Sen. Marco Rubio (R-FL) flip-flopped yet again on Wednesday, deciding to support confirmation of Rep. Jim Bridenstine (R-OK) to be NASA Administrator after months of criticism of the pick. In a Senate floor speech on Thursday, Rubio claimed that this was because he believes in deference to the president on major nominations.
But throughout the Obama administration, Rubio showed little deference to nominations, voting against confirmation of a host of nominees — even when Obama crossed party lines to nominate Republicans.
Rubio, whose state is home to the Kennedy Space Center and thousands of NASA jobs, objected to Bridenstine’s lack of qualification for the role, saying that the position required a “space professional” rather than a politician. But on Wednesday night, he cast the deciding vote to end debate on his nomination.
He said Thursday that while he was “not enthused” about Donald Trump’s nominee to run the National Aeronautics and Space Administration, “the president should have significant discretion in picking the team.”
“Whether you liked it or not,” Rubio told his colleagues, “millions of Americans last year [sic] voted for the president. He was elected, and he has a right to govern.”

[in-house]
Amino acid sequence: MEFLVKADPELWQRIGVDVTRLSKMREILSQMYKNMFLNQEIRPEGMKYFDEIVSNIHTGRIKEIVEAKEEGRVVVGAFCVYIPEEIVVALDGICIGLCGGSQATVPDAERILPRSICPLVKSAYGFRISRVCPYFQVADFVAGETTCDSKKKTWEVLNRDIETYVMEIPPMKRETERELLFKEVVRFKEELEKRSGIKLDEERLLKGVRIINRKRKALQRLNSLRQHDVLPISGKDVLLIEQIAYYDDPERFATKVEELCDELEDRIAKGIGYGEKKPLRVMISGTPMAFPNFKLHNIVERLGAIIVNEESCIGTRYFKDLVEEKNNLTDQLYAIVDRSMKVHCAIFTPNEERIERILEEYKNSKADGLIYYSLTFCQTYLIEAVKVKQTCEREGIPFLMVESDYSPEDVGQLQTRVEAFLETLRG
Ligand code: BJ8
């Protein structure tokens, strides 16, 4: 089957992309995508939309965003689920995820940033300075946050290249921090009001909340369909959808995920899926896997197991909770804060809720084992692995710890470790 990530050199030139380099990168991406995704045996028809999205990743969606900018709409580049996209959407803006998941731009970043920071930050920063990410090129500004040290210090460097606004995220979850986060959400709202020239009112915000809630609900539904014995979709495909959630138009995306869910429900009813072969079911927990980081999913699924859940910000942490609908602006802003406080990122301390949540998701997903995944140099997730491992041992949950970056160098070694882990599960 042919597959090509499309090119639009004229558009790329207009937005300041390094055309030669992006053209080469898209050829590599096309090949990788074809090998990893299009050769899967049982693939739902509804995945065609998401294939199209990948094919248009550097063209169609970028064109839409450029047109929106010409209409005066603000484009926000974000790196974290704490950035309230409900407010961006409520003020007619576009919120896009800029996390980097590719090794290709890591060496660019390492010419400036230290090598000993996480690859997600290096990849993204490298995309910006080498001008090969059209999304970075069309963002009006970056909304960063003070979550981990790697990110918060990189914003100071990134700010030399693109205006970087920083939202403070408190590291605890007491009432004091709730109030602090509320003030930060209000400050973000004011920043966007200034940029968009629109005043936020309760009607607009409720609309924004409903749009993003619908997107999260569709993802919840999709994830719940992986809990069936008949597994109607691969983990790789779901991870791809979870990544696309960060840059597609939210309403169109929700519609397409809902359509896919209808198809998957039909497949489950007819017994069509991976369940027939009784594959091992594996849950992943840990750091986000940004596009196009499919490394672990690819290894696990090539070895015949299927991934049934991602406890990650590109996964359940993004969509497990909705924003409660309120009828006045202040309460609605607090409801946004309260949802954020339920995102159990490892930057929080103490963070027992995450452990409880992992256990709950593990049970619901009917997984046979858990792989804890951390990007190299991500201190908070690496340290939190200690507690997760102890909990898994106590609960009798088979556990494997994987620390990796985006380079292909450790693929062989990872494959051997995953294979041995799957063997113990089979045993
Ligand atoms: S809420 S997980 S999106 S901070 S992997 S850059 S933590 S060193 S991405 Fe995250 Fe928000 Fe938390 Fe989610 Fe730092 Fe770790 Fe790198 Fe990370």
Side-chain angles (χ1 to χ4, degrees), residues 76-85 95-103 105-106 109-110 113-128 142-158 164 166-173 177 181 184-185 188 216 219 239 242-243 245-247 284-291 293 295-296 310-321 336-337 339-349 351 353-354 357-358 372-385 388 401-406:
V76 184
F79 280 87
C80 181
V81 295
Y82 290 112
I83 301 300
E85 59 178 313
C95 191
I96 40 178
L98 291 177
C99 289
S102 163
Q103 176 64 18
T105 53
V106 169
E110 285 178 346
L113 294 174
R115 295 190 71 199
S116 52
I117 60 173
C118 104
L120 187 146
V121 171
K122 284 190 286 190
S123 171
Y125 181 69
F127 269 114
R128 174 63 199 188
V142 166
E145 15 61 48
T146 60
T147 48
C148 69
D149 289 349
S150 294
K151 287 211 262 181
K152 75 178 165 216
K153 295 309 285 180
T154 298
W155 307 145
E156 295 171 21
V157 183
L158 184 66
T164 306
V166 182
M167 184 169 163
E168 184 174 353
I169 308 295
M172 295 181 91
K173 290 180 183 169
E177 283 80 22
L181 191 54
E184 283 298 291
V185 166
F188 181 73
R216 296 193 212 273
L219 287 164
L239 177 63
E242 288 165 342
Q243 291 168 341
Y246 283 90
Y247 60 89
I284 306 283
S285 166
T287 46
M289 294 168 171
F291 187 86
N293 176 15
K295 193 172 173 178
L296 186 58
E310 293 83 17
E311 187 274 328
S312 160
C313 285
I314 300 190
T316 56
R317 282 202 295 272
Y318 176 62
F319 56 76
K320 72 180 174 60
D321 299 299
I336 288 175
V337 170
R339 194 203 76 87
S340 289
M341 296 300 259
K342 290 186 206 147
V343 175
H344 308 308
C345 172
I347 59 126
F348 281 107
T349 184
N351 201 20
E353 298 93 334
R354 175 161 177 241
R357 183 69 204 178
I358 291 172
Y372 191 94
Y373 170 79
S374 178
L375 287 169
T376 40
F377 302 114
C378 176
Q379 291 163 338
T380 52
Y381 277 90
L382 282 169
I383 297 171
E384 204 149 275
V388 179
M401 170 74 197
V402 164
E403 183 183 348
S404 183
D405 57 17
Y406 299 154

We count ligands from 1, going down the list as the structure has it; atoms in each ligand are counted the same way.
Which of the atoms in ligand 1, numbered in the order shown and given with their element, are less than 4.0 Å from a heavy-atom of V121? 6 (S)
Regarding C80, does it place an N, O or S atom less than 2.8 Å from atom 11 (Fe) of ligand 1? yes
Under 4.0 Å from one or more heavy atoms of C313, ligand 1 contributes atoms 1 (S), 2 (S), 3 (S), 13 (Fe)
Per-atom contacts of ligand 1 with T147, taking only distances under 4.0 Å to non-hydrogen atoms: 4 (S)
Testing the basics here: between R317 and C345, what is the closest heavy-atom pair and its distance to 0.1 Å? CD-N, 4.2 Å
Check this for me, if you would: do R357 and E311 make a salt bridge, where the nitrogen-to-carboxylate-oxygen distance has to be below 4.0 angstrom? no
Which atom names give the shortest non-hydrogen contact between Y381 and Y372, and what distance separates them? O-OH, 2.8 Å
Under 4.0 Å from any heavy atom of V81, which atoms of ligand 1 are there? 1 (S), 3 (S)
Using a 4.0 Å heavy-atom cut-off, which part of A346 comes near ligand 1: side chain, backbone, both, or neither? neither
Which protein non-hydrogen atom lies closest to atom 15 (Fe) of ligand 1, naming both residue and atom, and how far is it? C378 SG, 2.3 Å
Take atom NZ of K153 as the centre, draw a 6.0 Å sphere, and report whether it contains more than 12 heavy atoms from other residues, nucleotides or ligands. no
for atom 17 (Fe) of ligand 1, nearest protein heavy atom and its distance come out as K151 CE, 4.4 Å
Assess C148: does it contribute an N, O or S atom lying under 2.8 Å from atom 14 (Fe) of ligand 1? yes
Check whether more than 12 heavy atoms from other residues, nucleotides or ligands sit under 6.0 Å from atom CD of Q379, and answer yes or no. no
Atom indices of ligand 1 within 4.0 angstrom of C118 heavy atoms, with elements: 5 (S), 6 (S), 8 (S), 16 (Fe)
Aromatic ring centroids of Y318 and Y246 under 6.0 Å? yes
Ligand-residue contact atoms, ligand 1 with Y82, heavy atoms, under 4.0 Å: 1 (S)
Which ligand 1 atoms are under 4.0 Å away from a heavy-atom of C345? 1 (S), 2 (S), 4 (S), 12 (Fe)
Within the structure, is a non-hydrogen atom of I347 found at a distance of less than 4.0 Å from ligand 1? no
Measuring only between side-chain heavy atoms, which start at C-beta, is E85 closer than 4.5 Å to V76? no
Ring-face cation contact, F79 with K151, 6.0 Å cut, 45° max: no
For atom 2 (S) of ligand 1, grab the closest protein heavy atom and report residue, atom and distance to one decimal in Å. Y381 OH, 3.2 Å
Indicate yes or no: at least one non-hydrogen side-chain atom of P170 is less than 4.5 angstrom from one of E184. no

Rubio then said, “My view of it is–and it has been the tradition of the Senate for the entire existence of the republic, is that we give great deference to the President on choosing qualifications.”
“It is my view that, the more important the job, the more discretion the President deserves,” he added, noting his vote to confirm Trump’s first Secretary of State Rex Tillerson despite “reservations about the nomination.”
But while Trump (who received neither a majority nor a plurality of votes in his 2016 campaign, but won thanks to the Electoral College) did indeed get millions of votes, his predecessor Barack Obama did as well (actually winning more popular votes in 2012 than Trump’s 2016 total, as well as a popular majority). And Rubio showed no such difference to Obama.
The many Obama nominees Rubio opposed included:
- Secretary of the Treasury Jack Lew (confirmed 71 to 26)
- Secretary of Health and Human Services Sylvia Burwell (confirmed 78-17)
- Secretary of Commerce John Bryson (confirmed 74-26)
- Secretary of Labor Tom Perez (confirmed 54-46)
- Secretary of the Interior Sally Jewell (confirmed 87-11)
- Secretary of Homeland Security Jeh Johnson (confirmed 78-16)
- Secretary of Defense Chuck Hagel (a Republican, confirmed 58-41)
- Deputy Secretary of State Tony Blinken (confirmed 55-38)
- Ambassador to Mexico Roberta Jacobson (confirmed on a voice vote)
- Federal Reserve Board of Governors Member Jerome Powell (a Republican confirmed 74-21)